Is your morning coffee wreaking havoc with your hormones?
As a registered nutritional therapist specialising in women's hormonal health, I've avoided coffee for years and often recommend to clients struggling with hormonal issues such as PMS, PCOS, fibroids, and endometriosis to do the same... or at least consider reducing their intake. But why?
Yes, research shows that there may be some benefits associated with drinking coffee. According to some studies, due to its high antioxidant content, coffee may help protect against cell damage, oxidative stress and premature ageing. Some research has even linked coffee to improved cognitive function and a lower risk of type II diabetes and Alzheimer’s.
However, the potential negative consequences of drinking too much caffeine can’t be ignored - especially when it comes to our hormones!
Negative consequences of drinking too much caffeine
You may be familiar with the issues associated with drinking coffee - it can be addictive and may cause digestive issues but did you know that a single cup of coffee can lead to a prolonged increase in your stress hormone, cortisol? This can also cause blood sugar and insulin spikes, which is not good for our hormones (or energy levels!).
Here are a few other reasons why you may want to rethink your morning beverage:
Caffeine has a half life of around six hours, which is why it can disrupt your sleep, even if you drink it way before bed. In simple terms, half of that caffeine from the latte you drink at 3pm will still be circulating in your body six hours later, at 9pm, so can affect your sleep quality. And when you’re lacking quality sleep, your hormone production can be affected.
Caffeine depletes essential vitamins and minerals in the body needed for optimal health such as magnesium and B vitamins such as folate, which can worsen PMS symptoms such as anxiety and breast tenderness. In fact, caffeine has been shown to increase the development of benign breast disease. Coffee has also been shown to inhibit the absorption of certain minerals like iron, zinc and calcium.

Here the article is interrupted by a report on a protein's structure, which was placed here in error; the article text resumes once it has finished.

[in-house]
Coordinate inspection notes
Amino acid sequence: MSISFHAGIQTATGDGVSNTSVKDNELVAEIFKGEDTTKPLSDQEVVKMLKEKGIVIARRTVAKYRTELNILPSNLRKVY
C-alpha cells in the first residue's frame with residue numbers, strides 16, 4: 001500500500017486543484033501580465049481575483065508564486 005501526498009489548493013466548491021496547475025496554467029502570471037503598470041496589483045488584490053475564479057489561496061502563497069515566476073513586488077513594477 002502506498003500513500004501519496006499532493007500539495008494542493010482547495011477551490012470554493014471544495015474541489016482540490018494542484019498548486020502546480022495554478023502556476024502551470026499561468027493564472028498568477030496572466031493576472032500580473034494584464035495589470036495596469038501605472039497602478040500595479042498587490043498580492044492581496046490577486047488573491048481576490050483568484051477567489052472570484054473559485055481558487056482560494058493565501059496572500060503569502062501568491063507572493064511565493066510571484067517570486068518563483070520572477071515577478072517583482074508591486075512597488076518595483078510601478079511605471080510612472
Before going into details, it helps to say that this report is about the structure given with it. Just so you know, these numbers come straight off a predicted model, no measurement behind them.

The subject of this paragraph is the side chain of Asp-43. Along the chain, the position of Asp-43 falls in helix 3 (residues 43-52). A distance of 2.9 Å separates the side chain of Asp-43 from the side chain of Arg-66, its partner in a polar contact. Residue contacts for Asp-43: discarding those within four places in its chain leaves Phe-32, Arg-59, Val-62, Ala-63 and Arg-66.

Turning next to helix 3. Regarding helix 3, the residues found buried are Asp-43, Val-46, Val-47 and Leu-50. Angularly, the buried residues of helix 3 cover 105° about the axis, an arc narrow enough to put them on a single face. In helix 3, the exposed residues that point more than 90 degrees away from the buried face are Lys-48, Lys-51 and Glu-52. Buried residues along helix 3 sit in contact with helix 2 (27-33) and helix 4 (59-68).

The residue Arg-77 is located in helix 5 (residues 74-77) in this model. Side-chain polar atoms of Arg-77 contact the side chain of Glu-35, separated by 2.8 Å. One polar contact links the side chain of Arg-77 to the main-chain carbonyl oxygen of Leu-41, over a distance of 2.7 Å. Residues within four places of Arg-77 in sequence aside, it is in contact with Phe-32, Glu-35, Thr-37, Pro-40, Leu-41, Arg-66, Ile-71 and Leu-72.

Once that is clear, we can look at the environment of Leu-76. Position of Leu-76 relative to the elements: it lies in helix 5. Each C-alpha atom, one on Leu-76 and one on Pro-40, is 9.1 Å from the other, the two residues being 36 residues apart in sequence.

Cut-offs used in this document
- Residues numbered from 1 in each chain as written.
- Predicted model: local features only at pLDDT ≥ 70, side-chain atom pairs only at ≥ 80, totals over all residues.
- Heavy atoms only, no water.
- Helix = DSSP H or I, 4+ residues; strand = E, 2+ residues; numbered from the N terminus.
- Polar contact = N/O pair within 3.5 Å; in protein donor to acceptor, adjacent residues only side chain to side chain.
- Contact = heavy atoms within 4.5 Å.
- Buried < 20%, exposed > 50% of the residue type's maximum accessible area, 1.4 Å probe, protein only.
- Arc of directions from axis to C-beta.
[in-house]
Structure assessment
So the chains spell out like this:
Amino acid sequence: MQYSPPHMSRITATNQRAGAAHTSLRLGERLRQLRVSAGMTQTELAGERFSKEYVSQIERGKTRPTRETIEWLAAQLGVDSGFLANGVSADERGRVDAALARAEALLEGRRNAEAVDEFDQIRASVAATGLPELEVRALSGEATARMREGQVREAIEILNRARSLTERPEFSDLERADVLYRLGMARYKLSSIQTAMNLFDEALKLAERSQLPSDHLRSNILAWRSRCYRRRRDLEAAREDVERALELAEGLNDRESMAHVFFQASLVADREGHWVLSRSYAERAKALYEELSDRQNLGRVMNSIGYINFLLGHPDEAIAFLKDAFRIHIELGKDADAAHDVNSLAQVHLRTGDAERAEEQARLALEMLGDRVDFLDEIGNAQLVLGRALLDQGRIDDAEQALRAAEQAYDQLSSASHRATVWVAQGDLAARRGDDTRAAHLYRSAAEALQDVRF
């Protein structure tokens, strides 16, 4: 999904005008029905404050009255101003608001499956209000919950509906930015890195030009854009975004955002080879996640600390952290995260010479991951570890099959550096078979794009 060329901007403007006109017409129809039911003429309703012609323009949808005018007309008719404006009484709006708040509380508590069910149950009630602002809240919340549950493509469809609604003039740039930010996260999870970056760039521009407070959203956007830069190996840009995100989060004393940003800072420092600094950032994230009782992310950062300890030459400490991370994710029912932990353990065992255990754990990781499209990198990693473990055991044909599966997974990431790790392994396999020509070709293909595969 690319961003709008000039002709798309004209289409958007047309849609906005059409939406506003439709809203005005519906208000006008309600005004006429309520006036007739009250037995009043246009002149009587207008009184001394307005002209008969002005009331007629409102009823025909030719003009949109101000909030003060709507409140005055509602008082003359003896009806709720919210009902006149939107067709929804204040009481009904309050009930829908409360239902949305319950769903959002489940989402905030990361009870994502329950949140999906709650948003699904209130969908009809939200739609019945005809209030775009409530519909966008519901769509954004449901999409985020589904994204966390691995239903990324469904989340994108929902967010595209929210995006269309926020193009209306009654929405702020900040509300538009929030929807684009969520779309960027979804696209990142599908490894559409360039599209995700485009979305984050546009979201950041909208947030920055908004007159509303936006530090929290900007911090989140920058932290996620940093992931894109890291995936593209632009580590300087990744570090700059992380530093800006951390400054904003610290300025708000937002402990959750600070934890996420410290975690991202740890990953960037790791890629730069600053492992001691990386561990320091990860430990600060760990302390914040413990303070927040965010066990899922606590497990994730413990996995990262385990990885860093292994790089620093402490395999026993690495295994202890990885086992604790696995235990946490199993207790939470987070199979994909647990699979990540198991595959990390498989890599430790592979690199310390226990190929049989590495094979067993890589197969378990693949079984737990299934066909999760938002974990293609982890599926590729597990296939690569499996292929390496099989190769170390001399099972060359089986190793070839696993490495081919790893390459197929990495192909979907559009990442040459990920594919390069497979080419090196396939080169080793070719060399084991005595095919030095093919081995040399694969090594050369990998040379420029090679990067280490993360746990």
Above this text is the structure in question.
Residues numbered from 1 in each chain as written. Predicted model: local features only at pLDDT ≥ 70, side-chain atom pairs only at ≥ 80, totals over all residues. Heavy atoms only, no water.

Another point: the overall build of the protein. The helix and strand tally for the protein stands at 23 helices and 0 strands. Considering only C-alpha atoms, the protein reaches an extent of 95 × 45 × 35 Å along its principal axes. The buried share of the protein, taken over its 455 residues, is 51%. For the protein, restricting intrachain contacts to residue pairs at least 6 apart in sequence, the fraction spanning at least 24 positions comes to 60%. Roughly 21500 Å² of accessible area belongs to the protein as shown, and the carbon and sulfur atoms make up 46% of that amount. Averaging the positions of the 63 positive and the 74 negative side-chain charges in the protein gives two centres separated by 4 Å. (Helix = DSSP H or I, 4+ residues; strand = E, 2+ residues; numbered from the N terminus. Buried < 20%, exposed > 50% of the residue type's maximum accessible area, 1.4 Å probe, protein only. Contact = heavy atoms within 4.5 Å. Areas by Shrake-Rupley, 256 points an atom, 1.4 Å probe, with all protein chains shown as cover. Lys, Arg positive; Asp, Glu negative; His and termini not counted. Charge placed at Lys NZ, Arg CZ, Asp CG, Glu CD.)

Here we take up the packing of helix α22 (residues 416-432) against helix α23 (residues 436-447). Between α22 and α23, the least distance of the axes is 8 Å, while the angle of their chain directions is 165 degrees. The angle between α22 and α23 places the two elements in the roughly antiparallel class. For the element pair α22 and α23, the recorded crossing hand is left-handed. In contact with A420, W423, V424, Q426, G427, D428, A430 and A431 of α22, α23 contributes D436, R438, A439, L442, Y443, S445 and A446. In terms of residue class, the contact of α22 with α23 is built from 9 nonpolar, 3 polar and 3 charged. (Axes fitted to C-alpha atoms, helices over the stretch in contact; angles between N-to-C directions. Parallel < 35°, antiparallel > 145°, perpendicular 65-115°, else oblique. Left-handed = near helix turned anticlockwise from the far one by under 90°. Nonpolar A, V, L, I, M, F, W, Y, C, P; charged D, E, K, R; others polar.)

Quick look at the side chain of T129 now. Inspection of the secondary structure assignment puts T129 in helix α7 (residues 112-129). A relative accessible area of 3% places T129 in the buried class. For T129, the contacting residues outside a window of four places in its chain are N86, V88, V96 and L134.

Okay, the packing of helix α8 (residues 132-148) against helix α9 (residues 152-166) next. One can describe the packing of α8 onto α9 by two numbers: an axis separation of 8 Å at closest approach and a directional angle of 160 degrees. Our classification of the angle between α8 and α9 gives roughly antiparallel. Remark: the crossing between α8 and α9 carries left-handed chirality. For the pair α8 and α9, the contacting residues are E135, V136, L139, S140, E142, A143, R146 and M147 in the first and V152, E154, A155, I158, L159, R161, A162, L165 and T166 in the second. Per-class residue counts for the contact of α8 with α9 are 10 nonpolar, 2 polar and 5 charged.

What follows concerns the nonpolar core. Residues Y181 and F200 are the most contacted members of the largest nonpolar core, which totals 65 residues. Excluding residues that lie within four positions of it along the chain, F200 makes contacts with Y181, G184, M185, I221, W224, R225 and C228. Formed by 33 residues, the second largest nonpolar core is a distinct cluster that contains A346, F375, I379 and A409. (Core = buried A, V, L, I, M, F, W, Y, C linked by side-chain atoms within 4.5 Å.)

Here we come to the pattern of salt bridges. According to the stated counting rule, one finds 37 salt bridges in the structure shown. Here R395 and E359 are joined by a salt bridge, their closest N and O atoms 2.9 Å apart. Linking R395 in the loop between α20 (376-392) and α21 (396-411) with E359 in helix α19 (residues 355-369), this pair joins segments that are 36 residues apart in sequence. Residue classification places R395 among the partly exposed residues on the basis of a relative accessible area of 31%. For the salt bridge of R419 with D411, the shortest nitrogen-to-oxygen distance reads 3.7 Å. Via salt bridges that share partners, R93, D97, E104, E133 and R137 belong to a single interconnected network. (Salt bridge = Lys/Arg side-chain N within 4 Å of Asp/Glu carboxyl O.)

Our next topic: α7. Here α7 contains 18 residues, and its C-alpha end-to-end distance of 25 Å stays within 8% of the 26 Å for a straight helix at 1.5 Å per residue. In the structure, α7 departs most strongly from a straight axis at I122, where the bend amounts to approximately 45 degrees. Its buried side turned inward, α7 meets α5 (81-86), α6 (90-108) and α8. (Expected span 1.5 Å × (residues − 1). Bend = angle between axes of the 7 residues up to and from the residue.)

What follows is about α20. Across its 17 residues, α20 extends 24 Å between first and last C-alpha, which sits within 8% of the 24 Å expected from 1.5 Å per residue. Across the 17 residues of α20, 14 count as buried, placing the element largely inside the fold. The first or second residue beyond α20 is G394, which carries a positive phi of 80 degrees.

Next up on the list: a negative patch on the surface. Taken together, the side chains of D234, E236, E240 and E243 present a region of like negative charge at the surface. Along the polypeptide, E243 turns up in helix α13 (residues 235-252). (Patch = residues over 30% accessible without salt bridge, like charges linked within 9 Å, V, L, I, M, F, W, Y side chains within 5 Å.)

Caffeine can also mimic symptoms of anxiety and nervousness and also reduces production of the feel-good neurotransmitter serotonin in the body which may affect mood. Consuming coffee on an empty stomach can intensify the effects of caffeine, potentially leading to increased anxiety, jitters, or even heart palpitations in some individuals.
Period pain and PMS
If you struggle with period pain, you might want to think twice about reaching for that cup of Joe! Coffee may increase inflammation in the body and has been shown to make period pain much worse, according to some research. Some studies have also linked caffeine intake to worse PMS symptoms.
4 steps to reducing your coffee intake for better hormonal balance
Reducing coffee intake can be a gradual process that allows for a smoother transition and minimises potential withdrawal symptoms. Here are four steps to help you decrease your coffee consumption gradually:
Go for quality over quantity
As well as gradually decreasing your coffee serving size, try switching to a high-quality organic ground coffee over instant which has a lot more health benefits.
Replace with alternatives
Such as green tea or other herbal teas such as peppermint and Rooibos. Chicory tea is also a great alternative if you like the rich taste of coffee but want a caffeine-free alternative.
Don't drink coffee after 12pm
...and limit your intake to the first part of the day, so sleep isn't affected.
If you struggle with PMS or period pain
...consider reducing or avoiding caffeine in the four to six days period to the start of your period.